KNAU Arizona Public Radio
Originally appearing here.
Legislation signed this week by Governor Jan Brewer will once again allow medical marijuana onto university campuses – at least in a limited fashion. Arizona Public Radio’s Howard Fischer reports.
The law approved by voters in 2010 allows those with a doctor’s recommendation to obtain up to 2.5 ounces of marijuana every two weeks. But last year lawmakers altered that to say no marijuana on college and university campuses, even for patients. One bit of fallout is it brought to a halt efforts by University of Arizona physician Sue Sisley to do on-campus research.
Sisley said this new law removes that impediment. “We’re going to be looking at combat veterans who have treatment-resistent PTSD,” Sisley said. “So, that means they failed medication and psychotherapy. And we’re going to be examining five different dosages of both smoke and vaporized marijuana.”
Her own research aside, Sisley said the legislation points-up the value of the state’s university system. “I think that’s the real purpose of a public university,” Sisley said, “is to be able to examine subjects that are hard or controversial or complex in an environment that isn’t plagued by politics.”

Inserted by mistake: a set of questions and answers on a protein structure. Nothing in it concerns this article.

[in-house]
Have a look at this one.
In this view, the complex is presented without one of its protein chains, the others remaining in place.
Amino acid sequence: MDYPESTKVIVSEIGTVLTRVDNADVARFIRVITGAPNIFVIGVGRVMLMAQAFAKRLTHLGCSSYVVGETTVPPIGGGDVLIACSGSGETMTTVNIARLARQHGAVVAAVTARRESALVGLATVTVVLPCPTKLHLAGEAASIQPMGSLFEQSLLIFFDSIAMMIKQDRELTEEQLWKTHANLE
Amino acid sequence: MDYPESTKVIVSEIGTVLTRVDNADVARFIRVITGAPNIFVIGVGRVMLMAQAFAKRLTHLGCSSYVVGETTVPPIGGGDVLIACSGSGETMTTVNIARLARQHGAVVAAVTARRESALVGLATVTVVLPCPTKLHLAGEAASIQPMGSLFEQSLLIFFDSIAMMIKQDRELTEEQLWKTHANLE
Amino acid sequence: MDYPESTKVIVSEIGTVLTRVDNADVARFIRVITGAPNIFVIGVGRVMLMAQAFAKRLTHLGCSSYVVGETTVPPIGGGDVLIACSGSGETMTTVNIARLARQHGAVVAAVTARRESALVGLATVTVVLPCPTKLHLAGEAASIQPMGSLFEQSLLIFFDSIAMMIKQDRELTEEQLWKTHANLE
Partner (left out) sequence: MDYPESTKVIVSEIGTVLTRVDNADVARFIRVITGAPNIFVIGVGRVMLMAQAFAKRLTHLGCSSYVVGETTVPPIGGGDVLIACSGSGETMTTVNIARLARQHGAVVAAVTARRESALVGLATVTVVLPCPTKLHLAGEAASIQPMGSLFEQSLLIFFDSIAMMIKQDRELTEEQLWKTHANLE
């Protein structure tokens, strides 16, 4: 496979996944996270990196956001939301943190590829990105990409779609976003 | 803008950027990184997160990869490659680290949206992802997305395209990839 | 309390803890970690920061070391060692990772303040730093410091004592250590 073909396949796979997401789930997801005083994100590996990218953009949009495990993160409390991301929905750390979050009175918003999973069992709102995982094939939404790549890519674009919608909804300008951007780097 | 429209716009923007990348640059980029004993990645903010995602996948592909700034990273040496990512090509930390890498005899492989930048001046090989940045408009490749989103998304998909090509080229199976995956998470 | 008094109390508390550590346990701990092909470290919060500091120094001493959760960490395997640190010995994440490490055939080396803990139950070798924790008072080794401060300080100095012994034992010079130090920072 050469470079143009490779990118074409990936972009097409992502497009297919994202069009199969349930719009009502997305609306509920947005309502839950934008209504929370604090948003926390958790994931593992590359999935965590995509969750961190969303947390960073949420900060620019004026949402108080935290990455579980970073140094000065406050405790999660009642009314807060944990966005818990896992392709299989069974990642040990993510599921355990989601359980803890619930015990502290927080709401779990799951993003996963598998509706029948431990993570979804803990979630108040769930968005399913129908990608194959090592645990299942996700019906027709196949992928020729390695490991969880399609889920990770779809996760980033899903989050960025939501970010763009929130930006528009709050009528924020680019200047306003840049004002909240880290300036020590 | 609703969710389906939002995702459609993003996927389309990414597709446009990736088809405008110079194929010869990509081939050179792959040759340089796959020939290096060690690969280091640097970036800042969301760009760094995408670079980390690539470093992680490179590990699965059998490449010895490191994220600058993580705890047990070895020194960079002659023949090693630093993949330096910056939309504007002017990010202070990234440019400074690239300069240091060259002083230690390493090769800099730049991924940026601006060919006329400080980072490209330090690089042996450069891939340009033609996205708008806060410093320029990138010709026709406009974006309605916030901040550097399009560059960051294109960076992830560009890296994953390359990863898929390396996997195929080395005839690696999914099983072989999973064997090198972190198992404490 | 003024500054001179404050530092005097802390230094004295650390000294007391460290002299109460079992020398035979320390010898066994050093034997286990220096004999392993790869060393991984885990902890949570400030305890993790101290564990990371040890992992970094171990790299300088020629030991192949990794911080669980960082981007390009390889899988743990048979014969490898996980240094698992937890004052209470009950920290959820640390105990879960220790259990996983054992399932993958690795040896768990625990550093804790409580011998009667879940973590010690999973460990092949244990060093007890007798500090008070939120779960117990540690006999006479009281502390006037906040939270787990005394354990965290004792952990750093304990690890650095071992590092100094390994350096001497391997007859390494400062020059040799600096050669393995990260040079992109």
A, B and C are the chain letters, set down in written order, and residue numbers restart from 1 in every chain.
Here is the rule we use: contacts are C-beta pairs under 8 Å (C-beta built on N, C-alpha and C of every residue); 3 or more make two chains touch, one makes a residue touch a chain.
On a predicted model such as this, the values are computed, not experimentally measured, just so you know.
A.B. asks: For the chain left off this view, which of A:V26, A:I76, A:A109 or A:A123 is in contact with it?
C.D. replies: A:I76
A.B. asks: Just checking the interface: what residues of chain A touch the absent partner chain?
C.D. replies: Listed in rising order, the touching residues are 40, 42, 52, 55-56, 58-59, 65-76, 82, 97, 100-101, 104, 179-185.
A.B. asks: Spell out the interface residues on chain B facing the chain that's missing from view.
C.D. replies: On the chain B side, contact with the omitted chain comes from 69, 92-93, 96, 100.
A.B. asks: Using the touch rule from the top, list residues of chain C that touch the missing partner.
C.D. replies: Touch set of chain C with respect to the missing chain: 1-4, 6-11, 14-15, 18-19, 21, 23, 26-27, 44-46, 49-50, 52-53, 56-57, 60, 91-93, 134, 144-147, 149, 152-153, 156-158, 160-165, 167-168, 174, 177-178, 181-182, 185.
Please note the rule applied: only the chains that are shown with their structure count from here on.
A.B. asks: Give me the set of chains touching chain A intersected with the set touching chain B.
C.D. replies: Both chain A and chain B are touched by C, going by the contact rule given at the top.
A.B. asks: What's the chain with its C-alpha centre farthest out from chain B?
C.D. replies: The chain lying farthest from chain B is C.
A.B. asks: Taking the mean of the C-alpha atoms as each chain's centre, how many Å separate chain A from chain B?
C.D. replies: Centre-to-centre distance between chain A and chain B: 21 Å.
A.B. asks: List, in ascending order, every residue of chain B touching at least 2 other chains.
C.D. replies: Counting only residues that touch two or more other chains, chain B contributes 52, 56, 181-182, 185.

Sisley already has approval from one federal agency as well as the go-ahead from the university but still needs sign-off from the Drug Enforcement Administration.
KNAU Arizona Public Radio reports on a new law allowing medical marijuana research to be conducted on university campuses in Arizona. MAPS’ Principal Investigator for medical marijuana research, Dr. Sue Sisley explains, “I think that’s the real purpose of a public university, to be able to examine subjects that are hard or controversial or complex in an environment that isn’t plagued by politics.” Sisley is looking to study the effects of medical marijuana for veterans with treatment-resistant PTSD and she has already begun to receive approval from necessary entities.